Now that you know how APR credit cards work, it’s only natural that you’d want to know how to avoid interest. A credit card debt is expensive, and since you can keep spending with your card even if you owe money, your debt can grow quickly.

According to a 2021 NerdWallet survey, U.S. homes with spiraling credit card debt spend an average of approx $1,000 in interest per year.

Most times, you are forced to take on debt if you find yourself in a fix or dealing with an unexpected expense.

Sometimes you need to cover the bills while you’re out of a job. In these circumstances, you must find ways to either reduce credit or avoid it. The interest you pay can help you save money.

Nevertheless, the most effective way to save funds on credit card interest is to avoid it entirely. Some of the ways you can avoid credit on APR include:

#1. Reduce debt with a balance transfer credit card

If you presently have credit card debt, shifting it over to a balance transfer credit card will provide you with a long time to clear up your debt at 0% interest — normally a year or it could be more than a year. This can save you a sufficient and vast amount of funds.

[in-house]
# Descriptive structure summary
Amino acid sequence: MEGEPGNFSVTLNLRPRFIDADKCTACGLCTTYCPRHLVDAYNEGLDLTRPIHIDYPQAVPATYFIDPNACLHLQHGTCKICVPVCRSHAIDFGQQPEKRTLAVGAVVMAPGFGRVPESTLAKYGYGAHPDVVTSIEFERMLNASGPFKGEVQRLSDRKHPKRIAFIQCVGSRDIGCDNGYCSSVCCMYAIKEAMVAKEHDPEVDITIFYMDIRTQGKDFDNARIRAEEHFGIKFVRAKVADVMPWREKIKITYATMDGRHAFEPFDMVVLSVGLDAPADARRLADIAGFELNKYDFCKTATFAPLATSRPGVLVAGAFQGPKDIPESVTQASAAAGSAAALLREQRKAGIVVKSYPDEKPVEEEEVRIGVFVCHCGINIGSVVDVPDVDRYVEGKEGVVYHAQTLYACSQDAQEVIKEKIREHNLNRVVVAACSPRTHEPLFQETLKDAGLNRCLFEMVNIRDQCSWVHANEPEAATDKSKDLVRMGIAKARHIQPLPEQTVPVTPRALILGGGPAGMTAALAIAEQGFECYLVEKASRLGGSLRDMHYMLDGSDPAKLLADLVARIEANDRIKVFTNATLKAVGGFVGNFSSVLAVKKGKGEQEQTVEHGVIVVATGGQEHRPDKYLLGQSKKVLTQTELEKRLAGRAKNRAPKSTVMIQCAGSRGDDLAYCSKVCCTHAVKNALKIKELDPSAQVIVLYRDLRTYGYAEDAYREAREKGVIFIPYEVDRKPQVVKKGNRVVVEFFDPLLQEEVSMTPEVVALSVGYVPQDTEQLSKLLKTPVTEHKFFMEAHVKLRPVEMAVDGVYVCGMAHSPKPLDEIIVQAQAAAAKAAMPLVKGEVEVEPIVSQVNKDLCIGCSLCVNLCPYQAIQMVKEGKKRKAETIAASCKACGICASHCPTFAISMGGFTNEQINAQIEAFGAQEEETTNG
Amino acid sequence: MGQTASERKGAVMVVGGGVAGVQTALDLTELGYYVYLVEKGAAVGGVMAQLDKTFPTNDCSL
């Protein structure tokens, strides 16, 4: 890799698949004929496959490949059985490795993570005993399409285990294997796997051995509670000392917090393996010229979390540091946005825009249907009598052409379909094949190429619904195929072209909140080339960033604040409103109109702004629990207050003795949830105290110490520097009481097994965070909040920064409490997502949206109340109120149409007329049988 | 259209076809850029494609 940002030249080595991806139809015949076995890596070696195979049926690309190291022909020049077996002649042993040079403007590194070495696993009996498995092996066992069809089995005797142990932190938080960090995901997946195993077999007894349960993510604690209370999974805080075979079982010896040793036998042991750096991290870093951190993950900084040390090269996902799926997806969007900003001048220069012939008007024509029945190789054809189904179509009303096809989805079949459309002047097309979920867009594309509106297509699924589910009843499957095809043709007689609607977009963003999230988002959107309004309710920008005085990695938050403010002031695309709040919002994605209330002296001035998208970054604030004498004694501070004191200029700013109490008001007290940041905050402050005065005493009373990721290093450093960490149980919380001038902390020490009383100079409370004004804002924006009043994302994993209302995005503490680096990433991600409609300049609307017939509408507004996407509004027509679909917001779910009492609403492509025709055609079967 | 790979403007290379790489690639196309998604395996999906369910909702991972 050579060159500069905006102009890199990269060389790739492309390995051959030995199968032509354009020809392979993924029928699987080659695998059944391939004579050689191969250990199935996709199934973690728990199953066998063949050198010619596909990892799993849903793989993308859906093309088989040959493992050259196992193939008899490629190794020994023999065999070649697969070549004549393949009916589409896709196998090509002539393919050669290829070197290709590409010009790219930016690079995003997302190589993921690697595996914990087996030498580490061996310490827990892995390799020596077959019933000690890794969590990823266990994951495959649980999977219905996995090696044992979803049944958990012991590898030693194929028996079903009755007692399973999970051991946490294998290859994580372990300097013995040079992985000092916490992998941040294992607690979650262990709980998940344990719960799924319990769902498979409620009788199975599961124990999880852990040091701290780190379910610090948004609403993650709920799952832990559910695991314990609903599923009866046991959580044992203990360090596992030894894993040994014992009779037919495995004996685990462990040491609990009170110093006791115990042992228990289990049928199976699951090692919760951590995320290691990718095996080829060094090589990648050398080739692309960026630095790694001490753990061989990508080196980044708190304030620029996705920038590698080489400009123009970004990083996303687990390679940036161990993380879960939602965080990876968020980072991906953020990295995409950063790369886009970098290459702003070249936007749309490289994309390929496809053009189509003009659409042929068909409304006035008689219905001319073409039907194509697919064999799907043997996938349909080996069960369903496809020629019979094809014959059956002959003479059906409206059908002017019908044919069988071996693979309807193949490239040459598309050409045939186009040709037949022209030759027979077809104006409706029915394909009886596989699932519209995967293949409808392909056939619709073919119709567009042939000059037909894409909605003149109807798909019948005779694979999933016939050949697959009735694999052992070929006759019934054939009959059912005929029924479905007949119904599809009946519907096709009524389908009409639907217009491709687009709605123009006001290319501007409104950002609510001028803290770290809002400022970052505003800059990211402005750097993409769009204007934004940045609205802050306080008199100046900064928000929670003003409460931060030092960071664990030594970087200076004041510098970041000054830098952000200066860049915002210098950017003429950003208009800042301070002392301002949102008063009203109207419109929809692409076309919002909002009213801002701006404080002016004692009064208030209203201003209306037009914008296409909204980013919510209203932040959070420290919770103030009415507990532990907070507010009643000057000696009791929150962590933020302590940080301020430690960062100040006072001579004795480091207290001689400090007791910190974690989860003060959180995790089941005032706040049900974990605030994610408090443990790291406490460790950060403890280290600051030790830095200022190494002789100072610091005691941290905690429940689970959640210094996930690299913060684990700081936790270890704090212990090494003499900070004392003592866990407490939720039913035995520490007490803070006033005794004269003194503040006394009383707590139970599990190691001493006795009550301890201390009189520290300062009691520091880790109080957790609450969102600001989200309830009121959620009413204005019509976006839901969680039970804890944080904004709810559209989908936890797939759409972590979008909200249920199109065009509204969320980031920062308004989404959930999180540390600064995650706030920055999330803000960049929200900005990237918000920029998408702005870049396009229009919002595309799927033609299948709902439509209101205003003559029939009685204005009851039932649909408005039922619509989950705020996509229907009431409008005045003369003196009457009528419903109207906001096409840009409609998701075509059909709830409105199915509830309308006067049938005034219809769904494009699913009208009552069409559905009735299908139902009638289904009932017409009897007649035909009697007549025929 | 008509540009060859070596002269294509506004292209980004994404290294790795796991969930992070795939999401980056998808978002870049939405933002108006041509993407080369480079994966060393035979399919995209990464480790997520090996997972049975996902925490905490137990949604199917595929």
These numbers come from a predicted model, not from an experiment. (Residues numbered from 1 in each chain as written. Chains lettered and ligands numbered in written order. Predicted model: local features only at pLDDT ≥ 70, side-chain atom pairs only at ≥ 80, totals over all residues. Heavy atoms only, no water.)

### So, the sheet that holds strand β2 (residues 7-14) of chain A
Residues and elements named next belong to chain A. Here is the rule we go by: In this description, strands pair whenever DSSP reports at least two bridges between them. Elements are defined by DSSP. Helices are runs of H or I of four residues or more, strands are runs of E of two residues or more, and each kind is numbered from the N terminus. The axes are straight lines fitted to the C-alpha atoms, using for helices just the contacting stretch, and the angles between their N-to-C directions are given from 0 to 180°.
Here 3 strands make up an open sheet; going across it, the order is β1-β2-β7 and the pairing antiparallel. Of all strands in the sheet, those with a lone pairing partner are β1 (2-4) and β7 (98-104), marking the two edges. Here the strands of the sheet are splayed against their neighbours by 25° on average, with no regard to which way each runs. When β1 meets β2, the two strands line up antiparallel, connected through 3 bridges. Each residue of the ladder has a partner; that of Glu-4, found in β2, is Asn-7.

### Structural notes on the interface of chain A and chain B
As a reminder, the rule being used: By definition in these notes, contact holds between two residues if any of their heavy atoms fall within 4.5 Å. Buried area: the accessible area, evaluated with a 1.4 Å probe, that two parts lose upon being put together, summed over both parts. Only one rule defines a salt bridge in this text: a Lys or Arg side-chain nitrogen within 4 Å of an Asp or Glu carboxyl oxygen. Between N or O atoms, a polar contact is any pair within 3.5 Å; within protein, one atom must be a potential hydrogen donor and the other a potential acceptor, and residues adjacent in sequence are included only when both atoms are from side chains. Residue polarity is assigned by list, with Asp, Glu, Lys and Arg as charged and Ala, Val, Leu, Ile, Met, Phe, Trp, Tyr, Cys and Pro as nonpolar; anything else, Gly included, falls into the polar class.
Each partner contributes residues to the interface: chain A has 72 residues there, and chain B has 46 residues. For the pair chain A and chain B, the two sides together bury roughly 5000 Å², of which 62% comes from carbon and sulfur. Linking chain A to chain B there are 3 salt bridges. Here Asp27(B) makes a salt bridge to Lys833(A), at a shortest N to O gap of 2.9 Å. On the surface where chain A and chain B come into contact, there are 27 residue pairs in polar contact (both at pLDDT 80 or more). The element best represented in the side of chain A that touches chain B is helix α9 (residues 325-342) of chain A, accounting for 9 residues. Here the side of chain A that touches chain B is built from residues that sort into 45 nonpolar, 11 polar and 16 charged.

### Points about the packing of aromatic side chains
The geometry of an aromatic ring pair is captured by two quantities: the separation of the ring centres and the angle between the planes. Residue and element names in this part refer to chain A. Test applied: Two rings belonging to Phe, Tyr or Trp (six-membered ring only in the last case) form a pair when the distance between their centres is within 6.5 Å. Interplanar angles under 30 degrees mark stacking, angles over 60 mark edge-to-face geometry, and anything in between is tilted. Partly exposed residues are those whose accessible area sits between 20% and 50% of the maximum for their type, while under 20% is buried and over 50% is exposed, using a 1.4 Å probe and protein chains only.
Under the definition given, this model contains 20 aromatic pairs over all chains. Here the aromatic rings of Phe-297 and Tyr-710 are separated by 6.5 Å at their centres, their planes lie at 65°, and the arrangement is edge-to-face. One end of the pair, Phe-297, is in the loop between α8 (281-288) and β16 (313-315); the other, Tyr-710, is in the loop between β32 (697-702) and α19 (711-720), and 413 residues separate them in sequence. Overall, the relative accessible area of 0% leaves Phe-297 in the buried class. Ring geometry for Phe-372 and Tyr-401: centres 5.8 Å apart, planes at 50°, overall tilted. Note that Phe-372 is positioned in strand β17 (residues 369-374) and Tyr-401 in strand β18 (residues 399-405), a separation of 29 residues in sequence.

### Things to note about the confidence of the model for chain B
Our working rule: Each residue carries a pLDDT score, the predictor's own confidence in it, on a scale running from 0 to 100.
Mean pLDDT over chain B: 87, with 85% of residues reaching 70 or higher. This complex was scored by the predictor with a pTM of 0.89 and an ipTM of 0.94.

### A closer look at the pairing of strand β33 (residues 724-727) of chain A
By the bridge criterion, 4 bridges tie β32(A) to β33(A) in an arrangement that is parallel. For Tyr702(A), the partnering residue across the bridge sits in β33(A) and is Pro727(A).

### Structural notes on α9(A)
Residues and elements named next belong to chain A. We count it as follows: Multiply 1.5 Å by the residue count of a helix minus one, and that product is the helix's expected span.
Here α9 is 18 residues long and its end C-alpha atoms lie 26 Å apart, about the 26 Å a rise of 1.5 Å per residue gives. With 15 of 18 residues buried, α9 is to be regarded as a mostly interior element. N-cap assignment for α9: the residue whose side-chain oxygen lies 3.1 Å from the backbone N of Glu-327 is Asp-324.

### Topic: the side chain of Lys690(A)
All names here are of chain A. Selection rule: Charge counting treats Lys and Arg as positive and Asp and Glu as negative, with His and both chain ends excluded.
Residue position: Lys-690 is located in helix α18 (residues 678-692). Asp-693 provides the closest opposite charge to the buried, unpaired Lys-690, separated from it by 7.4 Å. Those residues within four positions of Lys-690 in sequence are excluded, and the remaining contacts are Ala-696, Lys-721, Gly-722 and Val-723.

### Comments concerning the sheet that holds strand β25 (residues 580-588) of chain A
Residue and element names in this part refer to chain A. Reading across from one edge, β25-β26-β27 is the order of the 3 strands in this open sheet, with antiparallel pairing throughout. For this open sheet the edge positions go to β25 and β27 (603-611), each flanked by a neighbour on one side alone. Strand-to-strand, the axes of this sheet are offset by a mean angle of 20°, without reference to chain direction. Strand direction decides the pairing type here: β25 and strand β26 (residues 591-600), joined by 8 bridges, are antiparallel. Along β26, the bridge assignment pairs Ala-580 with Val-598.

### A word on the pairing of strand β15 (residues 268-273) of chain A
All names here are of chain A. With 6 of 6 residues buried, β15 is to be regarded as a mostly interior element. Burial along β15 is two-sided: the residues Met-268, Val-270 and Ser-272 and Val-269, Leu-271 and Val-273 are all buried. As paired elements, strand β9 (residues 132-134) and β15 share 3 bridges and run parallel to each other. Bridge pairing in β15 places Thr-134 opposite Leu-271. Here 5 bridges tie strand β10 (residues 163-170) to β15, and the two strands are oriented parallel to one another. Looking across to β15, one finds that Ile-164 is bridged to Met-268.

There are some key factors to know about balance transfer credit cards, however:

  • You generally require sufficient or great credit to qualify for these kinds of cards. That means FICO totals of 690 or more.
  • A Lot of these cards demand a balance transfer tariff of roughly 3% to 5% of the transferred balance. There are a fixed and particular number of no-fee options accessible.
  • The interest percentage will increase after the 0% APR promotion expires. If you are yet to fully pay off your outstanding balance by then, you’ll start to owe interest on the lingering amount.

#2. Spend wisely

If you intend to buy something expensive shortly that you’ll pay off over a long period, you have alternatives beyond taking on credit card debt. 

But your budget must be foremost on your mind when choosing ways to fund a large expense. You could be subjected to fees for missed payments or interest on remaining debt when the promotion period expires.  

You must find a credit card that charges 0% APR on new purchases. This can provide you with a year or more to make payments without incurring debt. You’ll make payments on any lingering balance at the end of the 0% APR offer, though.

You must contemplate deferred interest financing. Some shopping cards or medical credit cards give this category of financing; it can be helpful, but it comes with a price as it’s not free.

If you don’t offset your balance in full by the end of the grace period, you’ll owe interest on the whole amount you initially borrowed, not just on the outstanding balance.

You should go for the buy now, pay later plan. These plans permit you to split large purchases into a series of minor payments. 

You can pay in installments. You might pay interest or a fee, and may also have to pay late fees if you miss a payment.

#3. Offset all bill in full every month